As an example, the processPostType function will get the word POST, GET, or similar.

Since this signals the start of the transaction with the client, you could respond with a simple header, if you were planning to send debugging information. For example:


void myServerClass::processPostType (const char * key, const byte flags)
  {
  println(F("HTTP/1.1 200 OK"));
  println(F("Content-Type: text/plain"));
  println();   // end of headers

  print (F("GET/POST type: "));
  println (key);
  } // end of processPostType


Flags


The "flags" parameter is a bit mask which conveys extra information (you can ignore it). Possible bit masks are:

  • FLAG_NONE --> no problems
  • FLAG_KEY_BUFFER_OVERFLOW --> the key was truncated
  • FLAG_VALUE_BUFFER_OVERFLOW --> the value was truncated
  • FLAG_ENCODING_ERROR --> %xx encoding error


For example, if the flag FLAG_VALUE_BUFFER_OVERFLOW is set, then some of the value was truncated, because it would not fit into the holding buffer.

eg.


if (flags & FLAG_VALUE_BUFFER_OVERFLOW)
  {
  // the value was too large to fit
  }


POST type


This would normally be the word GET or POST (in uppercase). It is the start of the transaction and could be used to set up a response. Note that if you are planning to set cookies in response to POST data (which arrives later) you should not send the blank line which indicates the end of the headers.

Pathname


This is the "path" part of the URL, for example the text in bold and underlined:


http://somesite.com/forum/showpost.php?id=12938


In a normal web server this is the resource that we are "getting" - that is, the file that will be displayed, or the script that will be run.

In the example below we just echo back the pathname to the client:


void myServerClass::processPathname (const char * key, const byte flags)
  {
  print (F("Pathname: "));
  println (key);
  }  // end of processPathname


GET arguments


Arguments on the URL line (GET arguments) are provided to your callback function, one at a time, in the order in which they appear.

For example the text in bold and underlined:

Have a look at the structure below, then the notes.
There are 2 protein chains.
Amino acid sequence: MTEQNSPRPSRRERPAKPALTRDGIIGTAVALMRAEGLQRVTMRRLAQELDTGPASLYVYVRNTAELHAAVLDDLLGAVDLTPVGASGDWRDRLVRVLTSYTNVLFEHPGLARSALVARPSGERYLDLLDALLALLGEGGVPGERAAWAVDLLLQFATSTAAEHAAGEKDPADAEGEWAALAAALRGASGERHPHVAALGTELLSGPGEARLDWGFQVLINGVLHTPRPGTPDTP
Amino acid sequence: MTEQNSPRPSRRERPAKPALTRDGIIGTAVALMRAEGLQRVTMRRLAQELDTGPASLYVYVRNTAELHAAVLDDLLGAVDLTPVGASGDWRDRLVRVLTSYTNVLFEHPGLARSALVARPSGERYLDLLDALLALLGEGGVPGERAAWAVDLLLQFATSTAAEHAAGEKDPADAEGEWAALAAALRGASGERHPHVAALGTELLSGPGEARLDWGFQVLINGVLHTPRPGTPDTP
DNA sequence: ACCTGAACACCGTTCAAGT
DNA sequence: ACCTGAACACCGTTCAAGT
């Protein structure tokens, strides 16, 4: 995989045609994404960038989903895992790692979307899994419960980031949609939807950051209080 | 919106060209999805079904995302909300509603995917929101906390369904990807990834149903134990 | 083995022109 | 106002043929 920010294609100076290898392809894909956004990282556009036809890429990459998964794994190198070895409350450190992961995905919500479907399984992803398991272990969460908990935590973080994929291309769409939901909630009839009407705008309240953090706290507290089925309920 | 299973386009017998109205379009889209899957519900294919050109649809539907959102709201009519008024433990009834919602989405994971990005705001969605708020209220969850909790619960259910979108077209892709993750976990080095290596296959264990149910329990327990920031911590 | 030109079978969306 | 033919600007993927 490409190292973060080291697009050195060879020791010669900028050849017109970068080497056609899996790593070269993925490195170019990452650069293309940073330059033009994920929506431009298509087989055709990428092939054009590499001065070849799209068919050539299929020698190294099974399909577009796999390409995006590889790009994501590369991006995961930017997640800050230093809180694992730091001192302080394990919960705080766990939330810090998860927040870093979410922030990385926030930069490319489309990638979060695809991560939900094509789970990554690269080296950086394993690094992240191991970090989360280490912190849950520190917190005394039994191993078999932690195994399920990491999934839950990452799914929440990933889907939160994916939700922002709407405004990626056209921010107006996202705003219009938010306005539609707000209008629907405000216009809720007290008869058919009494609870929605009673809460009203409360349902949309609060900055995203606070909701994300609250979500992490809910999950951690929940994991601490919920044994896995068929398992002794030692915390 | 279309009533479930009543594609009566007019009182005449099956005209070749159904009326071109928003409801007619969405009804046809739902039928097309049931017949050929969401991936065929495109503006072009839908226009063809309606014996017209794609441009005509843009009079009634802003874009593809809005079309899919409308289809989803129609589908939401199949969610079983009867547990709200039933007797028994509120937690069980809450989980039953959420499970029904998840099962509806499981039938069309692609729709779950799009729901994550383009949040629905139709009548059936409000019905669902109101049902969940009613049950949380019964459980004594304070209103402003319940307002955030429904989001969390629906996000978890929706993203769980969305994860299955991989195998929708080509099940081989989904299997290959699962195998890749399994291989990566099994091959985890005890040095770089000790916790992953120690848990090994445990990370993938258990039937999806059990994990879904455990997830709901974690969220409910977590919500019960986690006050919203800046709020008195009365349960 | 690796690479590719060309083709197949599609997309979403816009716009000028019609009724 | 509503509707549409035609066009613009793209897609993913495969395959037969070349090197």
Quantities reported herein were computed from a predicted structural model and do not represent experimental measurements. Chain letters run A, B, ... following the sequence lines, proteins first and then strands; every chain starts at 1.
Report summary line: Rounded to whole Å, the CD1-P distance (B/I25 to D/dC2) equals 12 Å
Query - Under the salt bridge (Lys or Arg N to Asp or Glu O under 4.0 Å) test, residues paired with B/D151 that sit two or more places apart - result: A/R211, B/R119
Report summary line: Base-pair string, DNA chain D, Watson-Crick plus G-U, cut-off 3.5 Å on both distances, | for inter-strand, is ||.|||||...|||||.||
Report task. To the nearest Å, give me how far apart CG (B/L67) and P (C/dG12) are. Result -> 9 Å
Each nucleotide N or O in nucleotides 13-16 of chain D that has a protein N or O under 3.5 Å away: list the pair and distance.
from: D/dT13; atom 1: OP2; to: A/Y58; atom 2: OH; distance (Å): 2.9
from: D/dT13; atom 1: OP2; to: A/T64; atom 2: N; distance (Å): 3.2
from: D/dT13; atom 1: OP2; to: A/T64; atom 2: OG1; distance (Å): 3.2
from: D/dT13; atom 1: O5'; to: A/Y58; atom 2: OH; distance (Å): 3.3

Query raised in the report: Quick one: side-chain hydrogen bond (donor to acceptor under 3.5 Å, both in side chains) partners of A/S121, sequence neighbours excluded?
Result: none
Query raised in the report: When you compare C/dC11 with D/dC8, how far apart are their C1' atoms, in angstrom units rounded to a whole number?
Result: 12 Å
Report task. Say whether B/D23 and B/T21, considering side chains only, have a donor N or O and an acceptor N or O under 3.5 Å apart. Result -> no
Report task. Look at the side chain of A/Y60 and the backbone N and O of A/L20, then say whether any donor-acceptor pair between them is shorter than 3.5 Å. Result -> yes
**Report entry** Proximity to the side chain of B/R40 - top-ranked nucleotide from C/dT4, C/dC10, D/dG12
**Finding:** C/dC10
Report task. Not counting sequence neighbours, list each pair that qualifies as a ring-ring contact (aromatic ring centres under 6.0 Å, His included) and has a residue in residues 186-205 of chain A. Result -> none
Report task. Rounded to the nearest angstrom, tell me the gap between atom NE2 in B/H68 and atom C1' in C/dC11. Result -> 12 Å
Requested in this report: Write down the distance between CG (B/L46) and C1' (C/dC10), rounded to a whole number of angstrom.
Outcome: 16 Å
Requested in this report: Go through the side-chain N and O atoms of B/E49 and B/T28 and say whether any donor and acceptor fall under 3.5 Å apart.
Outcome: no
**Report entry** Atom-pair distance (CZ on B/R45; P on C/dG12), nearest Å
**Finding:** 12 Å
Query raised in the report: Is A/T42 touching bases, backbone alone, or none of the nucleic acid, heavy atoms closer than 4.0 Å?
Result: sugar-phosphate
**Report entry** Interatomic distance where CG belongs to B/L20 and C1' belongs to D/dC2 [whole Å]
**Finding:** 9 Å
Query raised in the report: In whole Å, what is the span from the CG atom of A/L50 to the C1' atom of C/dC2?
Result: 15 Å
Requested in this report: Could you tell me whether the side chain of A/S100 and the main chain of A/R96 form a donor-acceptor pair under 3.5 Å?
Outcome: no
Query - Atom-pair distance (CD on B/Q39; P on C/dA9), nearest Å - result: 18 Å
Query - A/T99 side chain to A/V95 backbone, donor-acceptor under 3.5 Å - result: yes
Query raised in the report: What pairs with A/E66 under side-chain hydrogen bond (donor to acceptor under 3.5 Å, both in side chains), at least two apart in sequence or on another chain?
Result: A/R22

http://somesite.com/forum/showpost.php?id=12938&action=delete


In that example we would get two GET arguments:


  • Name: id, Value: 12938
  • Name: action, Value: delete


Example code that just echoes the GET arguments back:


void myServerClass::processGetArgument (const char * key, const char * value, const byte flags)
  {
  print (F("Get argument: "));
  print (key);
  print (F(" = "));
  println (value);
  }  // end of processGetArgument


A more useful application would be to detect things like "light=on" or "fridge=off".

HTTP version


The final word on the first response line is the HTTP version. You can provide a handler if you want to discover what that is (eg. "HTTP/1.1").


void myServerClass::processHttpVersion (const char * key, const byte flags)
  {
  print (F("HTTP version: "));
  println (key);
  }  // end of processHttpVersion


Header lines


Following the first line will be a series of header lines, for example identifying the web browser name.

An example would be:


Host: 10.0.0.241 
User-Agent: Mozilla/5.0 (X11; Ubuntu; Linux x86_64; rv:39.0) Gecko/20100101 Firefox/39.0 
Accept: text/html,application/xhtml xml,application/xml;q=0.9,*/*;q=0.8 
Accept-Language: en-US,en;q=0.5 
Accept-Encoding: gzip, deflate 
DNT: 1 
Cookie: action=timetodance;
Connection: keep-alive 


For each header line (except the Cookie line, discussed below) your processHeaderArgument function will be called with a key/value pair. For example:


  • Key: Connection, Value: keep-alive
  • Key: Accept-Encoding, Value: gzip, deflate


Example code that just echoes the header lines back:


void myServerClass::processHeaderArgument (const char * key, const char * value, const byte flags)
  {
  print (F("Header argument: "));
  print (key);
  print (F(" = "));
  println (value);
  }  // end of processHeaderArgument


Cookies